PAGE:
So far we’ve seen that electric charges create electric fields. We’ve also seen that magnetic charges would create magnetic fields if there were any such things, but there aren’t. If you’re in the business of creating electric fields, as the entire electric power industry is, one way of doing so is to pile up a bunch of charge. This is a massive pain and is usually impractical to provide the EMF necessary to shove those electrons through our home electrical outlets. But since there is in fact current flowing through those wires, there must be another way to get electric fields.
There is. It’s described by the third Maxwell equation, which goes by the nom de physics of Faraday’s Law:
Now we have to translate that into English. The triangle and the x represent the curl of the electric field, which we’ll get to in a second. The right hand side of the equation represents the rate of change of the magnetic field with respect to time. If you have a changing magnetic field at a particular point in space, at that same point the equation tells you that the electric field will have curl at that location.
All right, what’s curl? I think it’s easiest to picture it as circulation, like water flow. Water flowing in a straight line has no curl, a whirlpool has lots of curl. The curl at a given point can be measured by putting a little paddle wheel in the current; if it spins, there’s curl. The always-useful Wikipedia has a diagram of a vector field with constant curl. Given suitable boundary conditions, it’s the electric field you’d see at the center of a circular region with a magnetic field increasing linearly with time:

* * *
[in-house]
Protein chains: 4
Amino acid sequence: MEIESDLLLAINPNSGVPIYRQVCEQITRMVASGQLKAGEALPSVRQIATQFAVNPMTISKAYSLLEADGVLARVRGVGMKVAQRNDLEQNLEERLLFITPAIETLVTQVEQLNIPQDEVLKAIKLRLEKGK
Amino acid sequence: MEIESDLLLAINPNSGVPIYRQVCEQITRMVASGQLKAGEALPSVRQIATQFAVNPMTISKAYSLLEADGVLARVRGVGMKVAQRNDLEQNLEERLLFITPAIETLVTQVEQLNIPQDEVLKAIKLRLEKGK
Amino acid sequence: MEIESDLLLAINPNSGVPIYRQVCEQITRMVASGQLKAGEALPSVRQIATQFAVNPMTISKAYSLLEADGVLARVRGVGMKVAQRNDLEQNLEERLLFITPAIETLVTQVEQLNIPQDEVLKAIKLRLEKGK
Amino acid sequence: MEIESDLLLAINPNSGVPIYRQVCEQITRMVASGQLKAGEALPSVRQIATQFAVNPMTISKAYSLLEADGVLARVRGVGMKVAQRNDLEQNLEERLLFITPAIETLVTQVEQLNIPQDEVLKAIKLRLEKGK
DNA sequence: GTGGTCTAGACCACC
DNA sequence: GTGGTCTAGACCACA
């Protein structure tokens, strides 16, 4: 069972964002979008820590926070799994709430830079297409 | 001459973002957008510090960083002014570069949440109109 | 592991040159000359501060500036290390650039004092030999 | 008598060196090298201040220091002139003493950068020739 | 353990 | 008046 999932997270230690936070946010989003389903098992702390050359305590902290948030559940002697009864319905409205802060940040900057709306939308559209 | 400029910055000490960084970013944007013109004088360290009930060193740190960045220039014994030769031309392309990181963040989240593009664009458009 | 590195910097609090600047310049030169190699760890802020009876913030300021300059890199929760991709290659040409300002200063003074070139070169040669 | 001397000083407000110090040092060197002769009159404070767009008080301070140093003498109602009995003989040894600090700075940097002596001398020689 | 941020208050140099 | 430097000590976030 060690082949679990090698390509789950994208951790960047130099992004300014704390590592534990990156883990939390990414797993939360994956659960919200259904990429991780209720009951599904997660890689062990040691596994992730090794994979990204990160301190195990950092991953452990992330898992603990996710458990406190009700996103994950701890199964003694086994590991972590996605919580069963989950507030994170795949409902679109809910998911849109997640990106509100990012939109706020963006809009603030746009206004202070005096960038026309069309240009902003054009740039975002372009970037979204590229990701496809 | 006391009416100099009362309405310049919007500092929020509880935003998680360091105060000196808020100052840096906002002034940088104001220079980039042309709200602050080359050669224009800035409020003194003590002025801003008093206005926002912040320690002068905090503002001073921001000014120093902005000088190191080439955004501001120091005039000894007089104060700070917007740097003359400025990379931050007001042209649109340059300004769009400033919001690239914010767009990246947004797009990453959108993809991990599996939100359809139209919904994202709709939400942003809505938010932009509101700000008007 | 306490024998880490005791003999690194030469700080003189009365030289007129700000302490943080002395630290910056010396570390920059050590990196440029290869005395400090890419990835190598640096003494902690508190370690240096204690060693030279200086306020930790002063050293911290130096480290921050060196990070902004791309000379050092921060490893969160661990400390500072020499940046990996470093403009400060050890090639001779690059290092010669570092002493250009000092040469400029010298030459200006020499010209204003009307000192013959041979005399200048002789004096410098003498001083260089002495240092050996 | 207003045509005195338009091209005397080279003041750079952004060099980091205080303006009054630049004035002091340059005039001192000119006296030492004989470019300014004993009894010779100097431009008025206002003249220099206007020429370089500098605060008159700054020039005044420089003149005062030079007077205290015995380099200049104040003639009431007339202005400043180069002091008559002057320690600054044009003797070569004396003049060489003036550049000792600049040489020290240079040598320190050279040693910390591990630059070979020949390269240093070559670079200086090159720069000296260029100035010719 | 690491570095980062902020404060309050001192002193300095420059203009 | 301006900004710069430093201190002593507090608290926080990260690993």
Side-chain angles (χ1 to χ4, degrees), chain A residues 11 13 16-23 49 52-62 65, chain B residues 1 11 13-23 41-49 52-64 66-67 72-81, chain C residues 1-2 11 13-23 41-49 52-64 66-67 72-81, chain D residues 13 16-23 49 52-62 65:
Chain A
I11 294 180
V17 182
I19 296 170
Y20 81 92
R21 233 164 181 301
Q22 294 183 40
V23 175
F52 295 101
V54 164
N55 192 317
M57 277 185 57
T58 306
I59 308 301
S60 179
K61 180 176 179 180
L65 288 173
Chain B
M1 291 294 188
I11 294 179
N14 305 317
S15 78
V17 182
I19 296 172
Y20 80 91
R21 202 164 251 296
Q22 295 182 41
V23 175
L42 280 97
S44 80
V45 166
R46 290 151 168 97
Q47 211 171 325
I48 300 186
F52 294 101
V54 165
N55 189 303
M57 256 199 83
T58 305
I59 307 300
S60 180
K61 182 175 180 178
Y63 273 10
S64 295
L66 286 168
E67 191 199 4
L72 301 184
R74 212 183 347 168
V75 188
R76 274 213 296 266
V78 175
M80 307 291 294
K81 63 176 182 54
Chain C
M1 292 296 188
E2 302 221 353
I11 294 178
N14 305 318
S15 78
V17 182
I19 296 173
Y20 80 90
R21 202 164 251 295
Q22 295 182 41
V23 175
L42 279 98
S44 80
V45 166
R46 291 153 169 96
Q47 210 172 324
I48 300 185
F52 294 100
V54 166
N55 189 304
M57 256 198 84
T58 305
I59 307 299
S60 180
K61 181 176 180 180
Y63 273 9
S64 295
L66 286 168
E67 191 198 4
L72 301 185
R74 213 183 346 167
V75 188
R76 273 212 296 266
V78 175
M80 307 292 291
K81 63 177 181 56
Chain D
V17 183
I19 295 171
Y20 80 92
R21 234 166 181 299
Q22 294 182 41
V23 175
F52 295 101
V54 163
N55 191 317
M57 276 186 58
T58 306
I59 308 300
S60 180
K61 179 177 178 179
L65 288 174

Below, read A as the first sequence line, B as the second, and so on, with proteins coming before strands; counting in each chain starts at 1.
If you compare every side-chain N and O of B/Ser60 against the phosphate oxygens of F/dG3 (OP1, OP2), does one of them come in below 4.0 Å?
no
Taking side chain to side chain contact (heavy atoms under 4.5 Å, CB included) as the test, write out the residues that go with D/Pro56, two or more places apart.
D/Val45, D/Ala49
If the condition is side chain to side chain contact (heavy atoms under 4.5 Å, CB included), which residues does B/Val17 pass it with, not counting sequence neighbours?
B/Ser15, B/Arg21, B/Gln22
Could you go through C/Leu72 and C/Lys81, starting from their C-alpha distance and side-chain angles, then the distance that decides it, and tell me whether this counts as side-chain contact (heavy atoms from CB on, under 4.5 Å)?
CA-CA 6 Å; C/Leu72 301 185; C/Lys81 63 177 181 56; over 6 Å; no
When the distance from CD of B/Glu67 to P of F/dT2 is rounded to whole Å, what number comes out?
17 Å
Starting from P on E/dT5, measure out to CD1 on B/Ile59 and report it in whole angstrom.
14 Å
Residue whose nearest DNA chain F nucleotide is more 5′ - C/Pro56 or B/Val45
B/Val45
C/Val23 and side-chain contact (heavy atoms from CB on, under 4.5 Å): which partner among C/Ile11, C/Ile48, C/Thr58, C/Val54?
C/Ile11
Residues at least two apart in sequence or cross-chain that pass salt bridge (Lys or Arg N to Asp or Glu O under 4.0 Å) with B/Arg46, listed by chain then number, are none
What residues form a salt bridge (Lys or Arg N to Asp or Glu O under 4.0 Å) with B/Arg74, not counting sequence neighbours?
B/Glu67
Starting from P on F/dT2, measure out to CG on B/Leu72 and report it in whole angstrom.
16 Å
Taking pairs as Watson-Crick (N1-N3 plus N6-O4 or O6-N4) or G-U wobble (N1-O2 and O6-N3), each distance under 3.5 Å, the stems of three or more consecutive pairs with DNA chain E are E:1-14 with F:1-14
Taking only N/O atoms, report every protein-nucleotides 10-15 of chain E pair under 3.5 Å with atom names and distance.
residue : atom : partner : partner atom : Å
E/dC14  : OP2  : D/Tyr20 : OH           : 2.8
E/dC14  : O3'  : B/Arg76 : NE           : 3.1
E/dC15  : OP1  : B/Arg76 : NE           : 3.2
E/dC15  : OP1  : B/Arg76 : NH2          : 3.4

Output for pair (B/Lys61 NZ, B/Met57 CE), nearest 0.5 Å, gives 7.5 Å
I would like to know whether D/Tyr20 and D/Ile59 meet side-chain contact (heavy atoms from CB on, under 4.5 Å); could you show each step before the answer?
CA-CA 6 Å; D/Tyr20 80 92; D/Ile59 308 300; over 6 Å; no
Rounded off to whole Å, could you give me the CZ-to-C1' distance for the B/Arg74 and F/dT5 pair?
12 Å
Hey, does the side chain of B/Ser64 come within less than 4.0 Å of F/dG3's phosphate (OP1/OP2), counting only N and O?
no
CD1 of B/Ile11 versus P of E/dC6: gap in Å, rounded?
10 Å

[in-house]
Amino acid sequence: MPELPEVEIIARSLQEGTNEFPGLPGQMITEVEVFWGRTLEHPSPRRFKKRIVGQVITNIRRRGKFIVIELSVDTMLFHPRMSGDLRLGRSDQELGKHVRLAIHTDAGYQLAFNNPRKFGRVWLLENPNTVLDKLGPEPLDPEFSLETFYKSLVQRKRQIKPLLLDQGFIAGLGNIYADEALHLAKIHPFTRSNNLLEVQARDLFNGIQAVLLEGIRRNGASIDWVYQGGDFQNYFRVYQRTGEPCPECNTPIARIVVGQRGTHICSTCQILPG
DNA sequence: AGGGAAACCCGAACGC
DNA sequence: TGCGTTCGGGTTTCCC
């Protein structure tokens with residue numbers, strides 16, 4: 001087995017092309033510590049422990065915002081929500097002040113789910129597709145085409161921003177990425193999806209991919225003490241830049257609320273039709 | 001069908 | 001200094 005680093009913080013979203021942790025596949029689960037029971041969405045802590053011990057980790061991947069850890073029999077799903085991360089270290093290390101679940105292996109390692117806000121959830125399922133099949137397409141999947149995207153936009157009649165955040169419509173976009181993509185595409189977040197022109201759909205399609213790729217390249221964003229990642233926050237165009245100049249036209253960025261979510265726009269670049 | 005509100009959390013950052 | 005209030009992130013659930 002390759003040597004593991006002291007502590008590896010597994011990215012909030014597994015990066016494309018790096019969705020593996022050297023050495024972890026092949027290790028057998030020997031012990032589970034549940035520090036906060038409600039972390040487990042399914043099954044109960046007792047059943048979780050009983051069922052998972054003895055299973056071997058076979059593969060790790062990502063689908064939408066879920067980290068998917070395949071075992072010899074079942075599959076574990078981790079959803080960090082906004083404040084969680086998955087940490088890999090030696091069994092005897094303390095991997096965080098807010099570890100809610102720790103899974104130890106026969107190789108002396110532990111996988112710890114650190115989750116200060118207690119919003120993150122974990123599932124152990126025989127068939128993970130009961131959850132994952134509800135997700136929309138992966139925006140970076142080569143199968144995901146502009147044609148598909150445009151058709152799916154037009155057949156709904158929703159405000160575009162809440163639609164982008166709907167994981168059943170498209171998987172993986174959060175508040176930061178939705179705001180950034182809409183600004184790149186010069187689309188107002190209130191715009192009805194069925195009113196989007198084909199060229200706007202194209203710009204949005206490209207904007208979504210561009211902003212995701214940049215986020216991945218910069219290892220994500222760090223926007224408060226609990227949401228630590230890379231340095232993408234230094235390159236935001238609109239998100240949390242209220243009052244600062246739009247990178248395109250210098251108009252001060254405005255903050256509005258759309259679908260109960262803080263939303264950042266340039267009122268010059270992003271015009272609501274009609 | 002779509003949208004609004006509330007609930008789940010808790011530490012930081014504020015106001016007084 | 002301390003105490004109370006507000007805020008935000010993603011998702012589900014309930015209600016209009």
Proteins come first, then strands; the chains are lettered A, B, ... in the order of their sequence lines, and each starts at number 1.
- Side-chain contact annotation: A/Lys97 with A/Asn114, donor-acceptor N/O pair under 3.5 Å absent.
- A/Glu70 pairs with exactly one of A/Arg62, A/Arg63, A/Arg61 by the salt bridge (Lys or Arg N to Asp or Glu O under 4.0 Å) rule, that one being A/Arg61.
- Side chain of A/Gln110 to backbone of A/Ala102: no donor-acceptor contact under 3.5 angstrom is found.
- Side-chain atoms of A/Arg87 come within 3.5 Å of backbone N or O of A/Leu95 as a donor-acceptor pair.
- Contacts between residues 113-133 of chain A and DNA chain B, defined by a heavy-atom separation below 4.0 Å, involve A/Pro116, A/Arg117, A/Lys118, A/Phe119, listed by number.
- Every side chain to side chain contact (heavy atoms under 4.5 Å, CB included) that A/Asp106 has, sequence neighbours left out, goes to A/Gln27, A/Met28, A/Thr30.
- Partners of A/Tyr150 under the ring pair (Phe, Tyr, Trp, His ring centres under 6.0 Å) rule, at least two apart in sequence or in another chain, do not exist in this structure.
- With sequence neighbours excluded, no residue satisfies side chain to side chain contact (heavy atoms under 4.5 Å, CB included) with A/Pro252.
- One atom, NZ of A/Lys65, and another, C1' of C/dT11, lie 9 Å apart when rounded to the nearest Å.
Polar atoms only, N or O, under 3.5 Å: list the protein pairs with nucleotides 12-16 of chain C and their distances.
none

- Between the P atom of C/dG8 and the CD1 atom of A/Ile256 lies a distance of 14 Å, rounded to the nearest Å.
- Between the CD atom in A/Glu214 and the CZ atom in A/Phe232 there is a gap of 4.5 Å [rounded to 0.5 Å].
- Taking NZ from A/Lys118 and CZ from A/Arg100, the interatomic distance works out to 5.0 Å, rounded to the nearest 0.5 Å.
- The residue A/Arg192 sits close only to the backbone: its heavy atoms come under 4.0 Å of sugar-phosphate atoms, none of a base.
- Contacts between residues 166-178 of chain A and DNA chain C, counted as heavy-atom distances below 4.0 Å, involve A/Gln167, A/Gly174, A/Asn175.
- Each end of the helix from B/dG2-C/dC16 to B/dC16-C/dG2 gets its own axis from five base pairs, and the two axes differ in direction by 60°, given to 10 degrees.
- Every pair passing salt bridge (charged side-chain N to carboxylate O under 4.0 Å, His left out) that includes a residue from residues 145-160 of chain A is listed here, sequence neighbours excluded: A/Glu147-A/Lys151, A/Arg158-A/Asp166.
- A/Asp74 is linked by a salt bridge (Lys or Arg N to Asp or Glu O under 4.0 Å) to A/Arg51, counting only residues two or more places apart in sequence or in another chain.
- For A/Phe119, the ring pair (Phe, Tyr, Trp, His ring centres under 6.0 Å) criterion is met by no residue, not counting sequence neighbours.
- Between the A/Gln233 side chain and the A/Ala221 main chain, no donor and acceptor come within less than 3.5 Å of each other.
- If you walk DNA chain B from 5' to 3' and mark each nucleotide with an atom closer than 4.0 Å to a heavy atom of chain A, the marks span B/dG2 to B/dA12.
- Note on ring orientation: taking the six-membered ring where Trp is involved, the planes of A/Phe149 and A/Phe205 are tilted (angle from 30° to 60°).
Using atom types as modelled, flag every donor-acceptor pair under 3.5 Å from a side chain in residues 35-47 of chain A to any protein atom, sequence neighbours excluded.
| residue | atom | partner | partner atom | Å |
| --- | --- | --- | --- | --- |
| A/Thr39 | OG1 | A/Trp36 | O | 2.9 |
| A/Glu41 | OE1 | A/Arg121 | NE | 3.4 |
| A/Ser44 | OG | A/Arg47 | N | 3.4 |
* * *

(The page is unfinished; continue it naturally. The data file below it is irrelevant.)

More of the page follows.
Wrap a wire along the field direction and you’ve got yourself an EMF that can power the devices in your home. In fact this is exactly how most power plants work – coils of wire are subjected to a changing magnetic field via spinning magnets, where the magnets are made to spin by coal-burning engines or nuclear heat or something along those lines.
What’s particularly interesting about Faraday’s law from a theoretical standpoint is that it shows how a region of electric field curl can be produced entirely without reference to charges. All you need is a changing magnetic field to produce an electric field. If somehow we could think of a way for changing electric fields to produce magnetic fields, maybe we could get the fields to produce each other in empty space… but I get ahead of myself.